Dynamics of ENSO-driven stratosphere-to-troposphere transport of ozone over North America
The El Niño–Southern Oscillation (ENSO) is known to modulate the strength and frequency of stratosphere-to-troposphere transport (STT) of ozone over the Pacific–North American region during late winter to early summer. Dynamical processes that have been proposed to account for this variability include variations in the amount of ozone in the lowermost stratosphere that is available for STT and tropospheric circulation-related variations in the frequency and geographic distribution of individual STT events.
Here we use a large ensemble of Whole Atmosphere Community Climate Model (WACCM) simulations (forced by sea-surface temperature (SST) boundary conditions consistent with each phase of ENSO) to show that variability in lower-stratospheric ozone and shifts in the Pacific tropospheric jet constructively contribute to the amount of STT of ozone in the North American region during both ENSO phases. In terms of stratospheric variability, ENSO drives ozone anomalies resembling the Pacific–North American teleconnection pattern that span much of the lower stratosphere below 50 hPa. These ozone anomalies, which dominate over other ENSO-driven changes in the Brewer–Dobson circulation (including changes due to both the stratospheric residual circulation and quasi-isentropic mixing), strongly modulate the amount of ozone available for STT transport. As a result, during late winter (February–March), the stratospheric ozone response to the teleconnections constructively reinforces anomalous ENSO-jet-driven STT of ozone. However, as ENSO forcing weakens as spring progresses into summer (April–June), the direct effects of the ENSO-jet-driven STT transport weaken. Nevertheless, the residual impacts of the teleconnections on the amount of ozone in the lower stratosphere persist, and these anomalies in turn continue to cause anomalous STT of ozone. These results should prove helpful for interpreting the utility of ENSO as a subseasonal predictor of both free-tropospheric ozone and the probability of stratospheric ozone intrusion events that may cause exceedances in surface air quality standards.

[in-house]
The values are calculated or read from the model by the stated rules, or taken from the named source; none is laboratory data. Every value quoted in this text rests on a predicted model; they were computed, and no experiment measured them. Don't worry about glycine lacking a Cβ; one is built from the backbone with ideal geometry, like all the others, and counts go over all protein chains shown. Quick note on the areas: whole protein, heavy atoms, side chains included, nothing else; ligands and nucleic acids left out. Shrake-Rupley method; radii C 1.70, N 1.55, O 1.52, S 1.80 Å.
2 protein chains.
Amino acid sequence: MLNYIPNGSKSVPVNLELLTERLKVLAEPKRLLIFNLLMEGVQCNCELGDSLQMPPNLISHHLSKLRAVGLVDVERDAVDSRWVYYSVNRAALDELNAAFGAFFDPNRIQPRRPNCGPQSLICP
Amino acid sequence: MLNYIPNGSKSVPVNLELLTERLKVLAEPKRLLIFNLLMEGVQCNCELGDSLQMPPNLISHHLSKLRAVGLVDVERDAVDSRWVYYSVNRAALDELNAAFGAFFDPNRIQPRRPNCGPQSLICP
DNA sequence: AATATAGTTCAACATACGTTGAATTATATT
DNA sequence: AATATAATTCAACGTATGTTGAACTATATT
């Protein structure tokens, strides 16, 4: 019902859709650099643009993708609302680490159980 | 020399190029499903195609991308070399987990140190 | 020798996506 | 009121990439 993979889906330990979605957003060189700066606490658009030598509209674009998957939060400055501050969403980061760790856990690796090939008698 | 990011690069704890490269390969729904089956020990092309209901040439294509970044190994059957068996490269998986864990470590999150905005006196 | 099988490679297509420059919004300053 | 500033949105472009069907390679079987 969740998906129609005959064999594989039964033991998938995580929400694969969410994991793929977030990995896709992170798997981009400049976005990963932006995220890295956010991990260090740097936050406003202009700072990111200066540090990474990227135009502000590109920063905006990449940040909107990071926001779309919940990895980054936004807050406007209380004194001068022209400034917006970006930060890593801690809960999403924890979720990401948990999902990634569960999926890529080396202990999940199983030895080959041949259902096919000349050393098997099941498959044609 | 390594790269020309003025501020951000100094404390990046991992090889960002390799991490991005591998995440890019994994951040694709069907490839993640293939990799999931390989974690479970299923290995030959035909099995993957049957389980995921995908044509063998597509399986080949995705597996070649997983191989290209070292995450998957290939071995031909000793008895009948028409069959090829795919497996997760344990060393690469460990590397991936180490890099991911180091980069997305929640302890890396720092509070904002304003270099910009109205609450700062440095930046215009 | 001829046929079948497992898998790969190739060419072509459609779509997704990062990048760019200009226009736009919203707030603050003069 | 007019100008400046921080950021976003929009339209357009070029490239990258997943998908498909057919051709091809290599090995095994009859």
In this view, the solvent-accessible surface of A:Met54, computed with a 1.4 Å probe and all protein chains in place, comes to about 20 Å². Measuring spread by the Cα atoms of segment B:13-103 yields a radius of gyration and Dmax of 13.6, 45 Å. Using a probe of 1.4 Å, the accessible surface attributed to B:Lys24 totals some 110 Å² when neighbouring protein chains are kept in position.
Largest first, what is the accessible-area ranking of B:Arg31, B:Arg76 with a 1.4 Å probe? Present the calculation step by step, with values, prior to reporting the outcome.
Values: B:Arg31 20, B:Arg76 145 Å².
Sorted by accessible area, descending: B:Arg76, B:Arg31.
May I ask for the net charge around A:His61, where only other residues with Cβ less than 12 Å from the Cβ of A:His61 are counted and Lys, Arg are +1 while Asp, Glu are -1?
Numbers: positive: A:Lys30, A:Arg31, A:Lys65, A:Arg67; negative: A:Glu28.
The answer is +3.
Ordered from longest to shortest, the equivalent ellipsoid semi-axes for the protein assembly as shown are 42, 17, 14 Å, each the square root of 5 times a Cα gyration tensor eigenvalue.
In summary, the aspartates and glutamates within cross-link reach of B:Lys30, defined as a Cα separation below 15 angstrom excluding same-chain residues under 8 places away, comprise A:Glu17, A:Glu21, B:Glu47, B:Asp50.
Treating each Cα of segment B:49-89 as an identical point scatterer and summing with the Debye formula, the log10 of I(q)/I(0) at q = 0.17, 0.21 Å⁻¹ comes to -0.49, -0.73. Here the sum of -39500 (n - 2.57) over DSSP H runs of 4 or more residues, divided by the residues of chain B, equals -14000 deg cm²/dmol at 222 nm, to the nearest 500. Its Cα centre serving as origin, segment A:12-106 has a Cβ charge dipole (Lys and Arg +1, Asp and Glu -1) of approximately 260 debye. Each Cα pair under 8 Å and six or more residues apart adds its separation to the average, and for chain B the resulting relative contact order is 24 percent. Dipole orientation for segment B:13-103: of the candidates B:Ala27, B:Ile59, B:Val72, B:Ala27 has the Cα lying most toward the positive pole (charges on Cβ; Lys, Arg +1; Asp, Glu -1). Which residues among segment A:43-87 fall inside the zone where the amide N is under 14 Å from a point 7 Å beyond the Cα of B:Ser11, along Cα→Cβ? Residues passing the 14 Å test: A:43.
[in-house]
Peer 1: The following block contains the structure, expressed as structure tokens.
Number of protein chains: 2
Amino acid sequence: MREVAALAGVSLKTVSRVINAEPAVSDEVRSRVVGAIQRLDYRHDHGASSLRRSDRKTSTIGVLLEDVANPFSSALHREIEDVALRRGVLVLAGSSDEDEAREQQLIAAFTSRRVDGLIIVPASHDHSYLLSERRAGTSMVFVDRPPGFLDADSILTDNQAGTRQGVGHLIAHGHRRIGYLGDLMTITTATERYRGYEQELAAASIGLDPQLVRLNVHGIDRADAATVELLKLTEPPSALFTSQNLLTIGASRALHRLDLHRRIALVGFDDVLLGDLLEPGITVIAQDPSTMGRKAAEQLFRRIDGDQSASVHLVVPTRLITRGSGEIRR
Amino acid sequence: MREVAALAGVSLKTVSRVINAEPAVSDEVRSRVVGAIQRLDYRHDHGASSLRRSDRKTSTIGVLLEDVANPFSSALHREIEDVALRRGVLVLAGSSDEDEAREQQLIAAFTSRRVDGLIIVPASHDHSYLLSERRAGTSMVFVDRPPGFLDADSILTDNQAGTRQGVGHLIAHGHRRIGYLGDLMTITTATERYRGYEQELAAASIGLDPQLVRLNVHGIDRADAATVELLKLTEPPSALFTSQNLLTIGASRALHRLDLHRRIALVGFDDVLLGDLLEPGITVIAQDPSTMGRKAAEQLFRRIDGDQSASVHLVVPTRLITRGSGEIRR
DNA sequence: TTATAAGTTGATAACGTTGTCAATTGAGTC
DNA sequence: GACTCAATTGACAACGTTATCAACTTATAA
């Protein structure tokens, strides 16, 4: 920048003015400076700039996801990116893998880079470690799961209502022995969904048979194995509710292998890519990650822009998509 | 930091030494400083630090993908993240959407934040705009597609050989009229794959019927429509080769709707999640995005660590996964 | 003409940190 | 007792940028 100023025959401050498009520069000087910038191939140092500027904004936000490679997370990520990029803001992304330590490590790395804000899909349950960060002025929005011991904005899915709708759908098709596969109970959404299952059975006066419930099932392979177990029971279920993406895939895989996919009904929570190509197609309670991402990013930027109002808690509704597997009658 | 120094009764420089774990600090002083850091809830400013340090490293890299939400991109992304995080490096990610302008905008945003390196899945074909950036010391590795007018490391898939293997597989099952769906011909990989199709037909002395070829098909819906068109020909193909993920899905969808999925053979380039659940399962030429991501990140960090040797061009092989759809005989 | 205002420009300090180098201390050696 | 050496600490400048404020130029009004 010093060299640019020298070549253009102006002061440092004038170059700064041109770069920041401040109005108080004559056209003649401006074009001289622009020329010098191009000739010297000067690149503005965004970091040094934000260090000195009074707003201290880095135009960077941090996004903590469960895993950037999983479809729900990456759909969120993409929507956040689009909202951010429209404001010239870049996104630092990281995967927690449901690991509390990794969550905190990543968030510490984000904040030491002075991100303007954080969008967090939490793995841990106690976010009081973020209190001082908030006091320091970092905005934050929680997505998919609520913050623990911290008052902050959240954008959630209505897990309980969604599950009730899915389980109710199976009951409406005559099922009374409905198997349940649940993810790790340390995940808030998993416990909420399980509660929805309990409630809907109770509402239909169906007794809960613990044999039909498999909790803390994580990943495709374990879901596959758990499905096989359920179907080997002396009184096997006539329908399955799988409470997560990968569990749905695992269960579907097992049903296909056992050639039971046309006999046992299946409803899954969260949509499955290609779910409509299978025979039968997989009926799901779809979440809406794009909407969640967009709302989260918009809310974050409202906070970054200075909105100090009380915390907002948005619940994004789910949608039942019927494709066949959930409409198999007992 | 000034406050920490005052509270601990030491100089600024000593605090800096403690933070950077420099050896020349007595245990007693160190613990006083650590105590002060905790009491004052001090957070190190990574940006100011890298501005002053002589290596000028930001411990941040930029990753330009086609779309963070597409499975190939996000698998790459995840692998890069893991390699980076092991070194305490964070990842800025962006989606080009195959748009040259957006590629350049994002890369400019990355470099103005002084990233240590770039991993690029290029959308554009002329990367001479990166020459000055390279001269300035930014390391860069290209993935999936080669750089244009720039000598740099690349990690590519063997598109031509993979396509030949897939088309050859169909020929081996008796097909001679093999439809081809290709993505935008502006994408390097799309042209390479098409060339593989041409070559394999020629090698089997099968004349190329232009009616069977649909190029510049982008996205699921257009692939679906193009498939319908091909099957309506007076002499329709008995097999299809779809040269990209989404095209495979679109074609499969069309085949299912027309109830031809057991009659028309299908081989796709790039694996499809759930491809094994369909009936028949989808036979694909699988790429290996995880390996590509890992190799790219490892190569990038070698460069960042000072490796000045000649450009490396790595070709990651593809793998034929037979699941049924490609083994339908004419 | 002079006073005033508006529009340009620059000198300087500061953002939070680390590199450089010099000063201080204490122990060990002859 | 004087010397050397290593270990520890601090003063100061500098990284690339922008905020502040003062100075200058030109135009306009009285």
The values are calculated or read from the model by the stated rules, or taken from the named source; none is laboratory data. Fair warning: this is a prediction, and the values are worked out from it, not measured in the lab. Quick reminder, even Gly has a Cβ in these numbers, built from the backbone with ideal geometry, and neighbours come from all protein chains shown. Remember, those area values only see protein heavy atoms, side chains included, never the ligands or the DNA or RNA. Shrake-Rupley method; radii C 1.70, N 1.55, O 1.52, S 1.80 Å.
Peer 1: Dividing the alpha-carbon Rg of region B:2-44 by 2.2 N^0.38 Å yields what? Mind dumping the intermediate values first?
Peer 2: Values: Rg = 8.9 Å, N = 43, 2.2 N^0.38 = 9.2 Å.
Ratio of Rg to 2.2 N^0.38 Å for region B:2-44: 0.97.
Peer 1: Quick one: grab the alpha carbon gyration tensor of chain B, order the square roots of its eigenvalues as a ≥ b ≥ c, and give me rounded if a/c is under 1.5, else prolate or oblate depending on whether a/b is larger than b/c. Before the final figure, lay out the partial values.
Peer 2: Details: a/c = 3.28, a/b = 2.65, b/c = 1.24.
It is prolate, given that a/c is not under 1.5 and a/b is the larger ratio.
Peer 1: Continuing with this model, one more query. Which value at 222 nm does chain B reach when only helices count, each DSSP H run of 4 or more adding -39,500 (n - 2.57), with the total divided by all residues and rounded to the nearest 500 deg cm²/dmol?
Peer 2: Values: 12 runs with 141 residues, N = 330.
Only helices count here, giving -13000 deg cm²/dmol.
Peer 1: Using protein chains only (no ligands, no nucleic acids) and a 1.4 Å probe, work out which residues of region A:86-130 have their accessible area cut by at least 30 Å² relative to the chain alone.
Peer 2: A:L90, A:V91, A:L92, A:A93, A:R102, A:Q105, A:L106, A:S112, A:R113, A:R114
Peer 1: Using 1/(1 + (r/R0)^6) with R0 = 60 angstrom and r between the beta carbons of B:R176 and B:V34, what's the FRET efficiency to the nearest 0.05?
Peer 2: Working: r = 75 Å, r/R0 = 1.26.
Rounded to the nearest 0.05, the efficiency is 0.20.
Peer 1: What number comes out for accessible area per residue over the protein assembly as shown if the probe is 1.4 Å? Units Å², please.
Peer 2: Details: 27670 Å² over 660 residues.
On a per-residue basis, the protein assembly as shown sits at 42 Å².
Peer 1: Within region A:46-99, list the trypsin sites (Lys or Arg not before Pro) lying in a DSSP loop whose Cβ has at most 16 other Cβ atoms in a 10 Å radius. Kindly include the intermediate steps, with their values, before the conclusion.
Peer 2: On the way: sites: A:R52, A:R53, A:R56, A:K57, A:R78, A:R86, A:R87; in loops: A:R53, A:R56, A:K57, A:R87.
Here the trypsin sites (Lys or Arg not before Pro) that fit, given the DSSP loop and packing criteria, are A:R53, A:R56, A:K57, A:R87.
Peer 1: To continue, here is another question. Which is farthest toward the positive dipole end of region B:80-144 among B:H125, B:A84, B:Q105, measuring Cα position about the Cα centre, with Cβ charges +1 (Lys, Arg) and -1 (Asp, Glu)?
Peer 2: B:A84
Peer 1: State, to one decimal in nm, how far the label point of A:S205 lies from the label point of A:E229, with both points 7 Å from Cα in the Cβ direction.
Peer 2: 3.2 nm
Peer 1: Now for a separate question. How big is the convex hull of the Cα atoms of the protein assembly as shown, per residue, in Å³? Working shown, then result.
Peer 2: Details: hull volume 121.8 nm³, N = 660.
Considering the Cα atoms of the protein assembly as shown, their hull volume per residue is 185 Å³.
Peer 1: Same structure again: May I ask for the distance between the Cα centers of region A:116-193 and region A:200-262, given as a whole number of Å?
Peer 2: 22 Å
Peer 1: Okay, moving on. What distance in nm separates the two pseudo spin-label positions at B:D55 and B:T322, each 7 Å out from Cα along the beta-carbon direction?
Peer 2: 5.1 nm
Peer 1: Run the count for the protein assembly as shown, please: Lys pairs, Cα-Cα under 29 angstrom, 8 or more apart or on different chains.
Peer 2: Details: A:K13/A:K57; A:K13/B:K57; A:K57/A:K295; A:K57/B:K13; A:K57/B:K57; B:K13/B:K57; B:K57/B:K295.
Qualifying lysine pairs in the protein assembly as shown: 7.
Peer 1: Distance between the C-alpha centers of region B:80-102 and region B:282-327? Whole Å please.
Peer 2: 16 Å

Please read the corrigendum first before continuing.